To be blessed is to be given something to carry. A blessing can be heavy. It can ask a lot of the other, the one who is seen. As a coach, as a teacher, as a parent, what I hope to communicate is the deep value in trying; not striving, necessarily, it doesn’t have to be so strenuous; trying. To say: I tried, is to acknowledge your own effort. To say: You tried, is to see someone else’s, to name it.
There’s a lightness to trying. There’s acceptance that trying doesn’t always lead to success. There’s room for surprise. Experiment. Consider. Be blessed. Leap. What if you try and you discover something different, something unexpected, something you weren’t looking for? Isn’t that wonderful too? To try is to leave room for curiosity.
- What felt good this month? It’s February 1st, and the beginning of January seems eons ago. I’m grateful to my cartoon journal entries for recording the emotional ups and downs — but especially the ups. Otherwise, I might forget that January was a productive writing month, for example, or that our family looked forward to fun activities, which brightened the overall dulling effect of our generally similar days. In January, I’ve started charting out daily/weekly aspirational goals in my notebook (a messy page of activities that I can check off): these include things I value but might not otherwise prioritize, like reaching out to friends and family, or reading, or playing piano. I’ve been giving myself permission, and even incentive (three cheers for reward sheets!), to follow through on aspirational goals that have little worldly value, but feed me in every other way: spiritually, creatively, and in relationship with others.
- What did you struggle with? Career stall-out; stasis. It helps that there’s been a spotlight in Canada on the plight of artists, including writers, during the pandemic; I’m not the only one with a pushed pub date, or other delays and disappointments. But here’s the thing: the struggle has felt surface level, ego-level. Underneath, I’m full of hope and belief in my writing direction, in the research I’m doing, and in nurturing this life-long habit of curiosity and exploration, no matter the outcome. Process interests me, rather endlessly. So how could I complain or worry, when I’m able to tick through that list of entertaining and enriching daily aspirational goals and activities?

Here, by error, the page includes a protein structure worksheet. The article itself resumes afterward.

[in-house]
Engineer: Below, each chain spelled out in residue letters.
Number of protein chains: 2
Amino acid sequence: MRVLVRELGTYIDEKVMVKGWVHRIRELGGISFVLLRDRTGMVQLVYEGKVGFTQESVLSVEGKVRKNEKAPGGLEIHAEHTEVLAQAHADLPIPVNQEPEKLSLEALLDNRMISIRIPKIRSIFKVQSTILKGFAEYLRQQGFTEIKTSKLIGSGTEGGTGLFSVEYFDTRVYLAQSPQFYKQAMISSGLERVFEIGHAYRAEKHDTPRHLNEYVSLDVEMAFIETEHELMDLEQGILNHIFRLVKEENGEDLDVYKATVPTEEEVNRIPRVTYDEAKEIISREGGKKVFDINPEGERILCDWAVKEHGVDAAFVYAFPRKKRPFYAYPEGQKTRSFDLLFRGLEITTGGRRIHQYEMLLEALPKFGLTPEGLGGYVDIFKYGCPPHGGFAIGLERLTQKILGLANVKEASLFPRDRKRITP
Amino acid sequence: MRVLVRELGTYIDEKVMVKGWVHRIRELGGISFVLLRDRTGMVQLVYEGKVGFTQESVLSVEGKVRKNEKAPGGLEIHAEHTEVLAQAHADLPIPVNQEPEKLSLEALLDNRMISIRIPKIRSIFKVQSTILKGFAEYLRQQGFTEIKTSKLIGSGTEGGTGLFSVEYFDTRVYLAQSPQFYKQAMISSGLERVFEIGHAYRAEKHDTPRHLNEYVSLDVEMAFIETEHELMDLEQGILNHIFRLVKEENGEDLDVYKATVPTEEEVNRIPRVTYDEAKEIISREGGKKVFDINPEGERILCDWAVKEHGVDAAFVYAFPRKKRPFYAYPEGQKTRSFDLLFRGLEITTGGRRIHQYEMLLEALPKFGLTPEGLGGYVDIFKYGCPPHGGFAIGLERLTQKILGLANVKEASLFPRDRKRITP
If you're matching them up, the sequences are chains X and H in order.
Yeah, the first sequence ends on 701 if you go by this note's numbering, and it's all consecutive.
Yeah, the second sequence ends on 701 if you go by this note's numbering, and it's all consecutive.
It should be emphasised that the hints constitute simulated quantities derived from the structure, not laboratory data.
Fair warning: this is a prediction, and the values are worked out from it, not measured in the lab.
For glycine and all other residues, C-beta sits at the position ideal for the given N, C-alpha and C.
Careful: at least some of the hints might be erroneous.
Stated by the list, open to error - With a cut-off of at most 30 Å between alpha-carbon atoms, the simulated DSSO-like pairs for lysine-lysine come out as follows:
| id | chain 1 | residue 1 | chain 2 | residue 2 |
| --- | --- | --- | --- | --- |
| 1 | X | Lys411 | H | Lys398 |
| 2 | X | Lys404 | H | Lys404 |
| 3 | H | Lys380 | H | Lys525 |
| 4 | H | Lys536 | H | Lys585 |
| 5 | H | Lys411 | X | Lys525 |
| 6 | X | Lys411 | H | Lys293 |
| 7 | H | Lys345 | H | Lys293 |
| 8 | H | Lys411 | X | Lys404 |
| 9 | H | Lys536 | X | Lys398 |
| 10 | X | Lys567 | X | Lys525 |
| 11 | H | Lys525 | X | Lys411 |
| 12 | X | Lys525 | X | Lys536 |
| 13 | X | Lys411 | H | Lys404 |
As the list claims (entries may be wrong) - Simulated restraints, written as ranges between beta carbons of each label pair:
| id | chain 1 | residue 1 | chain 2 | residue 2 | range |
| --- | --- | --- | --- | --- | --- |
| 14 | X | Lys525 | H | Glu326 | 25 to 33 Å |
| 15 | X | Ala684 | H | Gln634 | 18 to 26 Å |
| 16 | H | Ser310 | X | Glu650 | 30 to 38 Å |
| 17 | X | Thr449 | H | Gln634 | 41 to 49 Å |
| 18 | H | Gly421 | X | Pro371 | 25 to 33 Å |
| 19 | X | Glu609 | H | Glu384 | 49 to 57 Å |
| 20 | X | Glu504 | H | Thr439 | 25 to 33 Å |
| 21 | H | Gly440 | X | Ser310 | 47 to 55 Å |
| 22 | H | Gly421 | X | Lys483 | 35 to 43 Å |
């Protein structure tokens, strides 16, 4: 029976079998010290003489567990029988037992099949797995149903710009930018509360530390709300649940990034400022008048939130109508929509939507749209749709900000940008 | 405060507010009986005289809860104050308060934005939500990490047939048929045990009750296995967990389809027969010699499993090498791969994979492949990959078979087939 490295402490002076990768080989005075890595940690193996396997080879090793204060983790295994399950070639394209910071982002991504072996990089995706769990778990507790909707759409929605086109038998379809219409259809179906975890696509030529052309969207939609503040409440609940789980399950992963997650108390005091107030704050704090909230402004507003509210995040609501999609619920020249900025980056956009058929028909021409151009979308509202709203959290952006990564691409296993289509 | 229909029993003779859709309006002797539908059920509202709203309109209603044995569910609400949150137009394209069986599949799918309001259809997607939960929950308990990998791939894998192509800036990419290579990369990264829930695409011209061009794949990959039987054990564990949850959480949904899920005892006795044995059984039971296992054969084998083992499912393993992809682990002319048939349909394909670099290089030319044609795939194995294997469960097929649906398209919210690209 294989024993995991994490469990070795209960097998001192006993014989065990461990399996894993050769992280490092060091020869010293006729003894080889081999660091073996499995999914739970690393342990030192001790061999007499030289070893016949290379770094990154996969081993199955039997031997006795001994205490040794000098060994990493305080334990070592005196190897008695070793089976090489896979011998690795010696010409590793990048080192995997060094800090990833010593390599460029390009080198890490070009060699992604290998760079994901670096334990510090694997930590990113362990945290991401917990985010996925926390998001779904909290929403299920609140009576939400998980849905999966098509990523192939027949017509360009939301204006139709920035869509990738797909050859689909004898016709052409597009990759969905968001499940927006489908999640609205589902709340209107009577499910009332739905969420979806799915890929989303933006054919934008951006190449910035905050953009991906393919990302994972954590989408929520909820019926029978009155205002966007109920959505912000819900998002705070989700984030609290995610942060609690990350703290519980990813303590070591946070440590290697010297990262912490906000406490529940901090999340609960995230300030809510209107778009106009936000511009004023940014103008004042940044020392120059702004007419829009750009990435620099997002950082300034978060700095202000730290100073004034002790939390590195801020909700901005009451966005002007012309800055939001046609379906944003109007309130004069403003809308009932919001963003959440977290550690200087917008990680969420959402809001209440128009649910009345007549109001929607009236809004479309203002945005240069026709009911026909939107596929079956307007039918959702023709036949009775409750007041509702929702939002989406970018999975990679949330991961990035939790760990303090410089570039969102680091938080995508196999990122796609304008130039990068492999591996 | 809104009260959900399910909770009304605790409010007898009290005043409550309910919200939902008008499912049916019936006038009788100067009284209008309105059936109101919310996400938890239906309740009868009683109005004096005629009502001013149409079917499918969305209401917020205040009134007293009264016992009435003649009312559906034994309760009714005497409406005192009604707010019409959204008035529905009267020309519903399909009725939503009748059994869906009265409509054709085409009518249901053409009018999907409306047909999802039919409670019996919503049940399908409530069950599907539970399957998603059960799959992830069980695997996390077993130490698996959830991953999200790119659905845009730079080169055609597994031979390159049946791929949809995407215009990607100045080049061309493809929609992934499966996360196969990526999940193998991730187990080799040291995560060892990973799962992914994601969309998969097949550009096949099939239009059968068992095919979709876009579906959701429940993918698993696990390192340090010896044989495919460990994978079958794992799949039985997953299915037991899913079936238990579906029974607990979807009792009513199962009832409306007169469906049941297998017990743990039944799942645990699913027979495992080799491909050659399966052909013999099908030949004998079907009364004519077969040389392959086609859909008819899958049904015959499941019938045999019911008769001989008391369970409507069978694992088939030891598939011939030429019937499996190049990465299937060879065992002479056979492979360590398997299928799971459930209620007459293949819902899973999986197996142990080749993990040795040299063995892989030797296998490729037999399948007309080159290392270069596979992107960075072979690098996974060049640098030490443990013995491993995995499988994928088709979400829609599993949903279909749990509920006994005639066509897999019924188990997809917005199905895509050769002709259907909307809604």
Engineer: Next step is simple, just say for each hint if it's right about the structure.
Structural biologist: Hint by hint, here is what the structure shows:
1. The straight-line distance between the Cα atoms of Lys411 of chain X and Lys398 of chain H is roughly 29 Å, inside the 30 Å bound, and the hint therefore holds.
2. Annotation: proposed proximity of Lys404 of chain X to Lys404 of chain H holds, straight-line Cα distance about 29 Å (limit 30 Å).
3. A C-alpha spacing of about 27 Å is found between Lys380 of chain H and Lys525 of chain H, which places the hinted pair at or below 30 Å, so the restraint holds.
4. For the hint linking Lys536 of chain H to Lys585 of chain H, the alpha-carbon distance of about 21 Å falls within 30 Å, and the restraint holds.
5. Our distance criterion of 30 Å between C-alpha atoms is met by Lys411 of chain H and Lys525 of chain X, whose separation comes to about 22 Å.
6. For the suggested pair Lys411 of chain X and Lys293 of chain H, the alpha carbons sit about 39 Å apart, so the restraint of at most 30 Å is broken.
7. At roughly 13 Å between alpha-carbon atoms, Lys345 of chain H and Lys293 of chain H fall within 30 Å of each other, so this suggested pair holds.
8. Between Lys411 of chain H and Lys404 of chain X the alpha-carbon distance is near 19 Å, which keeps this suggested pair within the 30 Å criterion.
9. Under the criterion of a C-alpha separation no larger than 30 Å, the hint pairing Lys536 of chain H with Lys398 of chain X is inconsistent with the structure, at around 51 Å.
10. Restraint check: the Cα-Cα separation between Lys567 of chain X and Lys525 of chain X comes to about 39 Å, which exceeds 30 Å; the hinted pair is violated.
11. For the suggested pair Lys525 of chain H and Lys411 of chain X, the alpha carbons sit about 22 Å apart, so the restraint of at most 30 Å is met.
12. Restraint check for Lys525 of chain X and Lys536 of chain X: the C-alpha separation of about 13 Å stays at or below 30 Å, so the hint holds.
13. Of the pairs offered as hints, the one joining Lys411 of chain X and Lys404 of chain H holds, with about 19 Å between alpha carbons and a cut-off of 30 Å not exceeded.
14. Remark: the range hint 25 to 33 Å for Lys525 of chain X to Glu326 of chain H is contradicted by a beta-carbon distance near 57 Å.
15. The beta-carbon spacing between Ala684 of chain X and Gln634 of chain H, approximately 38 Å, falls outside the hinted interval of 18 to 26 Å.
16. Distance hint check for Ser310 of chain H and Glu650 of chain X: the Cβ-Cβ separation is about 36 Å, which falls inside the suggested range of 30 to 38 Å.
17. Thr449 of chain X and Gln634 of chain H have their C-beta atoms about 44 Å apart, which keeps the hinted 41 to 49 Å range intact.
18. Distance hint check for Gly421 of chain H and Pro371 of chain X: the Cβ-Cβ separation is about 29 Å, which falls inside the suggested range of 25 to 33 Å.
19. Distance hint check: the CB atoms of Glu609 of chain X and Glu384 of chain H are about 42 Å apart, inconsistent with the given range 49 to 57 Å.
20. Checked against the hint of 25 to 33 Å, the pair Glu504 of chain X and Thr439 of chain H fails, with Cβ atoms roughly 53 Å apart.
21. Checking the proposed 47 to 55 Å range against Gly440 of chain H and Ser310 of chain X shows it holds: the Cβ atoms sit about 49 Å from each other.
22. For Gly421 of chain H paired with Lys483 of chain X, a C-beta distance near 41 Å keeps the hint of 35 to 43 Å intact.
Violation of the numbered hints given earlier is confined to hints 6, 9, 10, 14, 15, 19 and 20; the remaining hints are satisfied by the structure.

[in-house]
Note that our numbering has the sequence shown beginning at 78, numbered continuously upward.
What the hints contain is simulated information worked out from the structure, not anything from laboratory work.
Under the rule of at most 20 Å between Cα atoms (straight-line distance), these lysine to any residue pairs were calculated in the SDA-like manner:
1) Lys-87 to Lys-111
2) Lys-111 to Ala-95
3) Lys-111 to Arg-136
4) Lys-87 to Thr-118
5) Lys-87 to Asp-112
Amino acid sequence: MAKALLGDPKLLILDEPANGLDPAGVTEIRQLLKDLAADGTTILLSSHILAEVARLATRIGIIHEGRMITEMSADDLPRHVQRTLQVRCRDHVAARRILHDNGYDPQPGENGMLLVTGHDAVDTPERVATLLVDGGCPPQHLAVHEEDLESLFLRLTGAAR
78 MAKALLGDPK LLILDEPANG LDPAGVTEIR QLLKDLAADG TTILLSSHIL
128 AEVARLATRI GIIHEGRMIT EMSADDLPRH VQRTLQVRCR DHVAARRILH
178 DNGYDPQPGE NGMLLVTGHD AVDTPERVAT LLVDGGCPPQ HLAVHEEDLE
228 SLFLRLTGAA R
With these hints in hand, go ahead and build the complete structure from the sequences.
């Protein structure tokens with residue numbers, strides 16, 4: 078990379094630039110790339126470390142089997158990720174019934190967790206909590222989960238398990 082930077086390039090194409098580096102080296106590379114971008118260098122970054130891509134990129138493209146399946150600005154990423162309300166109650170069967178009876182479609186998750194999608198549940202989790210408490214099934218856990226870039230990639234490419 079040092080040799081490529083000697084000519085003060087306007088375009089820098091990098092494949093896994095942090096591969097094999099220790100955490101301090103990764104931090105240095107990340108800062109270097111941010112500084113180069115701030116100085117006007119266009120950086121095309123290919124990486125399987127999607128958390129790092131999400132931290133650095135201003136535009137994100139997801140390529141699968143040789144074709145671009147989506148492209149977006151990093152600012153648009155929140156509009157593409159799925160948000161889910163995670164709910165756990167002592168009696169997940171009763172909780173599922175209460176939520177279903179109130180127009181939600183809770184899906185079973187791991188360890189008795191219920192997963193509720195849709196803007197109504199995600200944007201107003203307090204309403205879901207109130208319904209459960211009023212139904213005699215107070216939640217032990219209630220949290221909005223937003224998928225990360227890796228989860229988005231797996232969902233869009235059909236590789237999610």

- Where are you now compared to the beginning of the month? I have no idea. This question is impossible! I’m relieved that the US has a new president. That happened! I’m a month older than when we last checked, and I feel essentially the same in terms of goals, hopes, dreams, concerns. I waver between, it’s going to be okay, eventually, isn’t it, right?, and, be here now, that’s what matters. I live in the latter as often as possible.
- How did you take care of yourself? I’m trying to notice my irritating flaws (pretty easy to spot when confined in tight quarters with five others + dog), name them, and laugh at myself when I notice I’m going down one rabbit hole or another. Should it irritate me so much that Kevin leaves the cupboard doors open? Or that people let the dog out but never back in again?
- What would you most like to remember? That I can trust myself to make decisions that support those I love, and myself, even when the conversations are challenging.
- What do you need to let go of? Timelines. Control over timelines. The paralyzing idea that I’m losing time to this pandemic, that my life is suspended in some fundamental way; that as the months tick past and nothing changes, I’m aging past relevance. Whoa, I’ve named a lot of fears here. Now to let them go … I think the checklist of aspirational activities helps with the letting go: when I sit at the piano and play Bach, I don’t think, you are wasting time. I just sink into the moment and concentrate on what I’m making, and feeling, and hearing, and experiencing — time travel through music, connecting across the centuries with other minds and hands and ears. And these moments are always available, maybe even especially right now! I’ve only got to give myself over to them, and let go of my need to predict the future. (BTW, this is my favourite question, every time! It’s so cathartic to name the thing that needs letting go, often something that catches me by surprise. I highly recommend answering it for yourself, and all the better if you write it down.)
Onward into February!
PS Here’s a sample aspiration chart …
My most recent list of categories goes like this: cardio; yoga; get outside; stretch; extra exercise; piano; cartoon; nap; read; meditate + “Source” (my word of the year, 2021); write; transcribe; revise; research; grants; cook/bake; clean; orders; family time; friends; sibs/parents; fun; thankful; X page.
Our morning routine is sturdy and pleasant. Exercise, shower, breakfast. We’ve worked out a shower schedule, since there are six of us vying for a spot. I’ve been eating chia seeds and oats soaked in yogurt, or scrambled eggs on homemade bread for breakfast. Everyone is at their desk (or couch, or bed) by 9AM. Peaceful. And motivating, too. I’m wasting less time in the mornings getting to my own work.
Today, I wrote for so long that two of my pens ran out of ink! Something that brings me pleasure each day is to check in on my plants. I’ve got two new ones that I repotted from cuttings, and it gives me such a kick to see the progress their little shoots are making, day by day, slowly, slowly, rising and unfurling into shiny new leaves.